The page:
After 34 years working for the Probation Department and the last six as East Boston District Court’s Chief of Probation Thomas Tassinari officially retired last week.
Tassinari, who came over to Eastie’s courthouse from Chelsea’s probation department following the retirement of former Chief of Probation Dave Arinella’s in 2012, had a stellar career reforming the lives of criminal offenders and drug addicts.
Tassinari grew up in East Boston, where his father and uncle owned an appliance repair shop, Day Square Radio, but never envisioned at the time the path his life would take.
“I wanted to work in the shop,” he said. “But my parents didn’t want us to work in the shop they wanted us, as first generation Americans, to get an education and go to college.”
So Tassinari graduated high school and enrolled in Northeastern University.
“I wanted to be a fifth grade teacher,” he said. “My senior year I was doing my coop student teaching in Malden Public Schools. They had this alternative school for special education students within one of the schools that was growing and they wanted to hire me after graduation in September when school started.”
So Tassinari’s life was all planned out. He start teaching 5th grade, go back to school to get a master’s degree in special ed and he’d be all set.
“So the summer comes and the state cuts the program so I’m out,” he said.
Tassinari, with his background working for the Social Centers during college and brief stint at teaching still wanted to do something that would help kids.
“Before there was the Department of Social Services (now the Department of Children and Families) there was the Public Welfare Office of Social Services so I got a job there and worked in Lynn and Lawrence,” said Tassinari. “Then they restructured and created DSS.”
His former boss and friend at the Social Centers, Susan Palmer, was appointed DSS’s area director in Eastie and gave Tassinari a job closer to home.
“Our office was in the former Mount Carmel convent,” he said. “And that’s where I worked out of for five years starting in 1979.”
However, the grueling work of dealing with abused kids on a daily basis took its toll.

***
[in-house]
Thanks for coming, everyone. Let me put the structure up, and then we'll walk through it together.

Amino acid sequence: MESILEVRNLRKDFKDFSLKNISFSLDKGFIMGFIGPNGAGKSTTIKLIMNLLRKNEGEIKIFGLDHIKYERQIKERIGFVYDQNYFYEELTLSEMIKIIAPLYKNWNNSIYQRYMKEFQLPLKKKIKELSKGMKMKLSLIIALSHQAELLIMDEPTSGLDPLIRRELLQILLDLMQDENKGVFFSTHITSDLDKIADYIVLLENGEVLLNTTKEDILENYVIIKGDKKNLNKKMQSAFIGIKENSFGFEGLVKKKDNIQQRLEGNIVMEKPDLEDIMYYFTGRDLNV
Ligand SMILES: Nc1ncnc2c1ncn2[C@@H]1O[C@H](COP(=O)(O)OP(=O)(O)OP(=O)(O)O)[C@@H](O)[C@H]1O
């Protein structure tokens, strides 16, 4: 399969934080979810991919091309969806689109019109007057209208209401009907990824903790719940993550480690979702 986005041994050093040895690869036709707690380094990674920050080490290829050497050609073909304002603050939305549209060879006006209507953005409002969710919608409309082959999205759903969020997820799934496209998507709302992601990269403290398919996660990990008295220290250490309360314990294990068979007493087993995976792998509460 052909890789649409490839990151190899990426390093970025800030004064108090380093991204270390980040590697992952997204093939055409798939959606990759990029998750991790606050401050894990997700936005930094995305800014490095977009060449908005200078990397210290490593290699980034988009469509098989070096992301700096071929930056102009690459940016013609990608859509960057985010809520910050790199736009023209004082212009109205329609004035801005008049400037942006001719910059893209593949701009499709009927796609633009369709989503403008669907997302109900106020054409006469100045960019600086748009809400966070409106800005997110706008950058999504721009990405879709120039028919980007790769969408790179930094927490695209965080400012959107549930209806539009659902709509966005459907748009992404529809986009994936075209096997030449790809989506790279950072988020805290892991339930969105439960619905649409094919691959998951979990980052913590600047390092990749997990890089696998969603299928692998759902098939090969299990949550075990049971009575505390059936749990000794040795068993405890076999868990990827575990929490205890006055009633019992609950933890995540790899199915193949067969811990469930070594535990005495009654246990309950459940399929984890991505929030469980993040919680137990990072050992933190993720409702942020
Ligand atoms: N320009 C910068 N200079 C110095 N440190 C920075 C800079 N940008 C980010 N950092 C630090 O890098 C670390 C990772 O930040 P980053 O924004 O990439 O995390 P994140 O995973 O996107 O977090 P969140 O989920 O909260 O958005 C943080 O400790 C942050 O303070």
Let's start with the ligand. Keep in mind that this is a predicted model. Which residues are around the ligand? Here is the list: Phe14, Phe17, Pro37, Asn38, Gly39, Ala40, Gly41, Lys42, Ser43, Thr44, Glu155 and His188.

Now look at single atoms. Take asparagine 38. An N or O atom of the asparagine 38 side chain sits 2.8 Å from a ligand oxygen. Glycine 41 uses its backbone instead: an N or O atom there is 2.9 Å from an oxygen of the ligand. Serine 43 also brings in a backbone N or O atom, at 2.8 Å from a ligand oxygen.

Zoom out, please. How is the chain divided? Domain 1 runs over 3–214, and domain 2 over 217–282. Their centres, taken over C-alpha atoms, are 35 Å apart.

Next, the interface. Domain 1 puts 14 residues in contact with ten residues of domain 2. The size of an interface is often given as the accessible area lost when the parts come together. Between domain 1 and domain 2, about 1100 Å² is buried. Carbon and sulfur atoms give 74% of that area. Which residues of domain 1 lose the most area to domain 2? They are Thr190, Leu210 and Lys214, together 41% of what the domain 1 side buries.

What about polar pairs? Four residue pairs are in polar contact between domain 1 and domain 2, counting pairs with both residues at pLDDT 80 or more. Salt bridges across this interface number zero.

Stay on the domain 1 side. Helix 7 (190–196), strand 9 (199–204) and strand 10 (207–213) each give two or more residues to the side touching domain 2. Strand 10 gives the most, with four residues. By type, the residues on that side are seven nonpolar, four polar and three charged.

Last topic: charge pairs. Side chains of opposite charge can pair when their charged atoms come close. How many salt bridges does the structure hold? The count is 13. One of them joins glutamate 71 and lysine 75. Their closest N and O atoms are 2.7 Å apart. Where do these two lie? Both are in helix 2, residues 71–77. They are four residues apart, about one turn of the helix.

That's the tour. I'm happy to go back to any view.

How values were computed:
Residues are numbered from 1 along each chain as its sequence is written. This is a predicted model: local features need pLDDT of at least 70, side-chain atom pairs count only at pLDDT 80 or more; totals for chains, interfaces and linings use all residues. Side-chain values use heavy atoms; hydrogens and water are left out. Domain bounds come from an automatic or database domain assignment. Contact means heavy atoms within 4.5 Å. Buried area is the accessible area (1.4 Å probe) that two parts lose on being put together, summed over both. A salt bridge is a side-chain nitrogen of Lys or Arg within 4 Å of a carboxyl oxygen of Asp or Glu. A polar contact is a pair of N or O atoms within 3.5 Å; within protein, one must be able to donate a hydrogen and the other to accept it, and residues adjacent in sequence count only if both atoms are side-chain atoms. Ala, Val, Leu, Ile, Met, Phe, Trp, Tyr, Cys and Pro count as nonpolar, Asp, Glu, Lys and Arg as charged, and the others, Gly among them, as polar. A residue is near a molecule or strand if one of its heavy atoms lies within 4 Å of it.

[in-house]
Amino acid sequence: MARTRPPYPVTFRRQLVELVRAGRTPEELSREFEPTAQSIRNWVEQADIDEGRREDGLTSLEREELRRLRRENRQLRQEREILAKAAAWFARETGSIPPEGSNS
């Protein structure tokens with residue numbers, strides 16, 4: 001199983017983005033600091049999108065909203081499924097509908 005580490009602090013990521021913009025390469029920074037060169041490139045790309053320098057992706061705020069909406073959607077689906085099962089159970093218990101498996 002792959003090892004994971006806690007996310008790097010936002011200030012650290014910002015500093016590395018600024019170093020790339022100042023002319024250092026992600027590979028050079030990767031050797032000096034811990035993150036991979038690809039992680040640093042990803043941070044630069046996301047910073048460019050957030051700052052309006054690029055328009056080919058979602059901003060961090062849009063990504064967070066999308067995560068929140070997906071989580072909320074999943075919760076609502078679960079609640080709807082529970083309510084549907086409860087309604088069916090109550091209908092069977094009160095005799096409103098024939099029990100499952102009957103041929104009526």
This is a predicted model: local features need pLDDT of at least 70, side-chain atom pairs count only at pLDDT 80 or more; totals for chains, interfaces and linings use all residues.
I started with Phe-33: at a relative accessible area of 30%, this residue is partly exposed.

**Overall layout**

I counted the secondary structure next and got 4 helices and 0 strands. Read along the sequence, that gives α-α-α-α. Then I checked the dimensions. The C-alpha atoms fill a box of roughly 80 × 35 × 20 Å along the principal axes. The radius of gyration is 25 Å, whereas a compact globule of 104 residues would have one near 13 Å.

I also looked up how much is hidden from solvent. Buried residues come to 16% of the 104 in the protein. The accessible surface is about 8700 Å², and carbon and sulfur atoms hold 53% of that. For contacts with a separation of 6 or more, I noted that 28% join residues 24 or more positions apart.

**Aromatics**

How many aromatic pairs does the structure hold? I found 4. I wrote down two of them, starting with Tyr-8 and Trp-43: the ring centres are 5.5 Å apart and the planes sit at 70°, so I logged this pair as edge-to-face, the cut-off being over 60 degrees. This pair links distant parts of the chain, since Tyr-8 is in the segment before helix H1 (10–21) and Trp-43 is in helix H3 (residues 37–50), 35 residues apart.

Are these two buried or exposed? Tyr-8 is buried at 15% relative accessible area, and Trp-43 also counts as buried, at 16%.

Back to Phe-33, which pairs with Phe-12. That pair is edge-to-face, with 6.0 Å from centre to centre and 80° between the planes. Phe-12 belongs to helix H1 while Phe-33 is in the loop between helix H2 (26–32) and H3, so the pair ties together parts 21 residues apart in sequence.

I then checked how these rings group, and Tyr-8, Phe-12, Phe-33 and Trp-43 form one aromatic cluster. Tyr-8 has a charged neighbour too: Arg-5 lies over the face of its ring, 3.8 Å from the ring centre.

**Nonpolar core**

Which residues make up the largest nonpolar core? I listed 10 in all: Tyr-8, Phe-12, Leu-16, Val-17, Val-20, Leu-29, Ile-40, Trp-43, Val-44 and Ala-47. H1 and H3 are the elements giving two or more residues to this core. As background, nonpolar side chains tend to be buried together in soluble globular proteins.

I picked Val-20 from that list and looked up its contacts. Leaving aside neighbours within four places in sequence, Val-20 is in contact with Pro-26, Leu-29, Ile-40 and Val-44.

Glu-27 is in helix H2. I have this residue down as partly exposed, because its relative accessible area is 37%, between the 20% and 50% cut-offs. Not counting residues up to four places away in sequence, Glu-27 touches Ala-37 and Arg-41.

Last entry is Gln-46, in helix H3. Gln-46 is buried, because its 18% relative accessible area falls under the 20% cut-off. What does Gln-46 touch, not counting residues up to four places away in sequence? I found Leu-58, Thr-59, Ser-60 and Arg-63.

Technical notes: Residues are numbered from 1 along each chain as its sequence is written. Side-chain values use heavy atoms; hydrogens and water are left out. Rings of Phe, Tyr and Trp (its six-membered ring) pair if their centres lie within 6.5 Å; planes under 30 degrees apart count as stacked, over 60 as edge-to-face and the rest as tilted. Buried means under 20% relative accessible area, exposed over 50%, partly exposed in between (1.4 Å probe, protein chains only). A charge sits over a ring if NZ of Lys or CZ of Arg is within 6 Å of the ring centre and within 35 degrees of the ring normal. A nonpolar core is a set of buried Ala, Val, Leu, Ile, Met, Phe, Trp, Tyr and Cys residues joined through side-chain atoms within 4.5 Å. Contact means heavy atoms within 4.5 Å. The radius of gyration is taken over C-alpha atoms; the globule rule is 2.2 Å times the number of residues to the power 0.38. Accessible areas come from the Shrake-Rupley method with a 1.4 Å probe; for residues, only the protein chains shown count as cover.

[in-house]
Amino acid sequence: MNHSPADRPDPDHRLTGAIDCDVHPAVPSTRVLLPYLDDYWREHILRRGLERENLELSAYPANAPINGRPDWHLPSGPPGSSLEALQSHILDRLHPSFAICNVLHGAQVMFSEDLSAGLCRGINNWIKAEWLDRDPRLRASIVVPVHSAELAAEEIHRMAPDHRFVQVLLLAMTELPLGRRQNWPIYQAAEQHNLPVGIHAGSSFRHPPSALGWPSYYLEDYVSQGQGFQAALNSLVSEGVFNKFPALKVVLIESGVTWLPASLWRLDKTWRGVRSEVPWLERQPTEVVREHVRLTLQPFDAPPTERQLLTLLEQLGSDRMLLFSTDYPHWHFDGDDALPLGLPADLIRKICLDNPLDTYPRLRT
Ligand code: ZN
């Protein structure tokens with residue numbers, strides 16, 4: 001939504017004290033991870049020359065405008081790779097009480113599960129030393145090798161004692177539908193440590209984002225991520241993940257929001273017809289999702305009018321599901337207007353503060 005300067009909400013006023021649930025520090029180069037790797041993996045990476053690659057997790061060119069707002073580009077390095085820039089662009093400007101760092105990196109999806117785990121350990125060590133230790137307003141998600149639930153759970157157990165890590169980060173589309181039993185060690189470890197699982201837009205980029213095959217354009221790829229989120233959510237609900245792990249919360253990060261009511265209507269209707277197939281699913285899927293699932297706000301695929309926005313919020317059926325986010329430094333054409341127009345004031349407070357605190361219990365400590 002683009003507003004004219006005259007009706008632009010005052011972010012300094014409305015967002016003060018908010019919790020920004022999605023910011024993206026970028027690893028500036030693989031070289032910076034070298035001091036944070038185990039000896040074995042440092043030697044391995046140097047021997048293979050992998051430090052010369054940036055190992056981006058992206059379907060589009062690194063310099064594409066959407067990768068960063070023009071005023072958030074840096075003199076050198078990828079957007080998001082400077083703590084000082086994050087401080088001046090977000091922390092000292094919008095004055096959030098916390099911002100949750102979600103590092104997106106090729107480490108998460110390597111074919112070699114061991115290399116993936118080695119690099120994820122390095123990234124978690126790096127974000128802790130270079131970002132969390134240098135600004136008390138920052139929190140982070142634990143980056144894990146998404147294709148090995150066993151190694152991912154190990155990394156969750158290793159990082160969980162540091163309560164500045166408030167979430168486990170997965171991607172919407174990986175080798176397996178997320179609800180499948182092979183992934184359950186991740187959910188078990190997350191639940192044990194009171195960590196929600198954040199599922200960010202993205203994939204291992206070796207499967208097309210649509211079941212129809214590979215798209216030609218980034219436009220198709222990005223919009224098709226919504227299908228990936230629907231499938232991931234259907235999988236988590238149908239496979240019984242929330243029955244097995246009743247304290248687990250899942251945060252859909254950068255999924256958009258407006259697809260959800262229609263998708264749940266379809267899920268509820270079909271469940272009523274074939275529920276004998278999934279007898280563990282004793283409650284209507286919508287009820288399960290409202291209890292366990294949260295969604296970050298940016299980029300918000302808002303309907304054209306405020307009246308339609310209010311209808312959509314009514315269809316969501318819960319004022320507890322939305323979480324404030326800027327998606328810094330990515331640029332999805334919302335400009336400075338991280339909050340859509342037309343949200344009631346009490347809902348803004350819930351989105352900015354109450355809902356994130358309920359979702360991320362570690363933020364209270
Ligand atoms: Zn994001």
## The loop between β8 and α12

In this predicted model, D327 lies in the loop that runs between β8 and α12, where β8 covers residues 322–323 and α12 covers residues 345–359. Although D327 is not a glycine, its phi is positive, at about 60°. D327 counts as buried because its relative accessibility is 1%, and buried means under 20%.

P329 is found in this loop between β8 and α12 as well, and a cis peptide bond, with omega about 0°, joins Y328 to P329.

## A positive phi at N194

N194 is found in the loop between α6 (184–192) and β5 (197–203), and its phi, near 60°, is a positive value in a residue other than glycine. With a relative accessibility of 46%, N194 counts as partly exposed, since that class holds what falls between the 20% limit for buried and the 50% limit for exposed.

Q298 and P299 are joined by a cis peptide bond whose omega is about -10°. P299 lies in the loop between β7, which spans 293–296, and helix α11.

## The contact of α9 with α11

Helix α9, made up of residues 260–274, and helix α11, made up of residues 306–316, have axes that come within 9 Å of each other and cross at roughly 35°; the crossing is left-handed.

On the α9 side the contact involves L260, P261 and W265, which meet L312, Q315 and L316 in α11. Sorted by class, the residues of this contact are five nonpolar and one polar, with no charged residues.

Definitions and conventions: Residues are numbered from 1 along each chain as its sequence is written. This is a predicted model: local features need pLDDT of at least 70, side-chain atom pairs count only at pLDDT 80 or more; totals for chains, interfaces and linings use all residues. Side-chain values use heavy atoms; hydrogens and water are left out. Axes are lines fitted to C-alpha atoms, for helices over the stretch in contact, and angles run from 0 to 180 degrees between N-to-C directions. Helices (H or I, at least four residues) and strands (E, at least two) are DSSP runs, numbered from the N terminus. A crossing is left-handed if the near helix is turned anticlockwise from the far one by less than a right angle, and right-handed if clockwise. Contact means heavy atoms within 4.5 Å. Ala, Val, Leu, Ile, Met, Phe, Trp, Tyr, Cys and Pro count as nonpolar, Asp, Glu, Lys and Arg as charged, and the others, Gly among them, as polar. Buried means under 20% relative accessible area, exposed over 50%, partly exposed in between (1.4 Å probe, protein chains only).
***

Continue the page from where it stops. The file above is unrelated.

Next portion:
“I remember going to court one day and I had wrote a care and protection petition so DSS could get this kid out of an abusive home and into out custody,” said Tassinari. “The juvenile probation officer at the time took the petition and then later presented it as his own to the judge. I was so mad but then I thought, ‘I could do this, I could be a probation officer’.”
So Tassinari began applying to different court around the area that were hiring probation officers.
“I applied to 29 different jobs,” said Tassinari. “My last DSS investigation in 1984 was horrible and I had to get out. I still remember going there, there was blood all over the house, the mother’s head was smashed and the two kids were bleeding. Later that night I walked through the door and received yet another rejection letter from Quincy Court so I was drained. But Chelsea Court was still out there.”
Finally the judge at Chelsea Court, who knew Tassinari as a familiar face and was familiar with his outstanding work at DSS, gave him his first shot in the probation department.
“I was in the juvenile court when I started in 1984,” he said. “Today the big problem is drugs, back then it was stealing cars. In fact I was on the governor’s appointed task force that included the FBI that was trying to stop this activity by teens. They weren’t even stealing cars to support a habit it was just a living, a way to make money. They’d go to the chopshop in the morning, get a list of cars they needed and they were off and running.”
Tassinari admits this was a different time in probation, an era where if an offender didn’t follow the terms of their probation they were off to jail.
“Then slowly the drugs started to filter in and we had to take a different approach in Chelsea,” said Tassinari.
Chelsea Court established one of the first drug courts in the area with the focus on rehabilitation instead of incarceration–something Tassinari continued in Eastie when he arrived here six years ago.
“We had to do something because locking these kids and adults up all the time wasn’t working,” said Tassinari. “We are really lucky in this area because we have a lot of services to deal with mental health issues for addicts like North Suffolk and rehabilitation facilities like the Meridian House. So with all these resources we thought it was a good idea to start using them to our advantage.”
Tassinari said he saw the results of the new approach almost immediately.
“The thing we noticed right away in probation with the drug court is that these kids and adults were not committing crimes anymore,” said Tassinari. “Sure they would slip up from time to time, use again or miss an AA or NA meeting but there was one five year period at the beginning were I did not violate anyone for a new crime that was enrolled in drug court.”
However, Tassinari said the success was not his and the success of the program belonged to those who enrolled in the program, took it seriously and came out living a clean and sober life.
“I really can’t take credit for their success unless I also take credit for their failures,” he said. “I never got anyone clean and sober. All I did was show them where to go and how to do it if they really wanted to and change their life.”
In the end Tassinari said whenever he’s asked about his tenure in the probation department he always responds the same way.
“All I did for 34 years is teach kids and adults how to color inside the lines,” he said. “In this world you have to color inside the lines. That’s all I did. Once you go outside the lines that’s when trouble starts. And I know people will tell me, “Oh, that doesn’t allow for free thinking or creativity”. No, you can be as creative and free thinking as you want–but inside the lines.”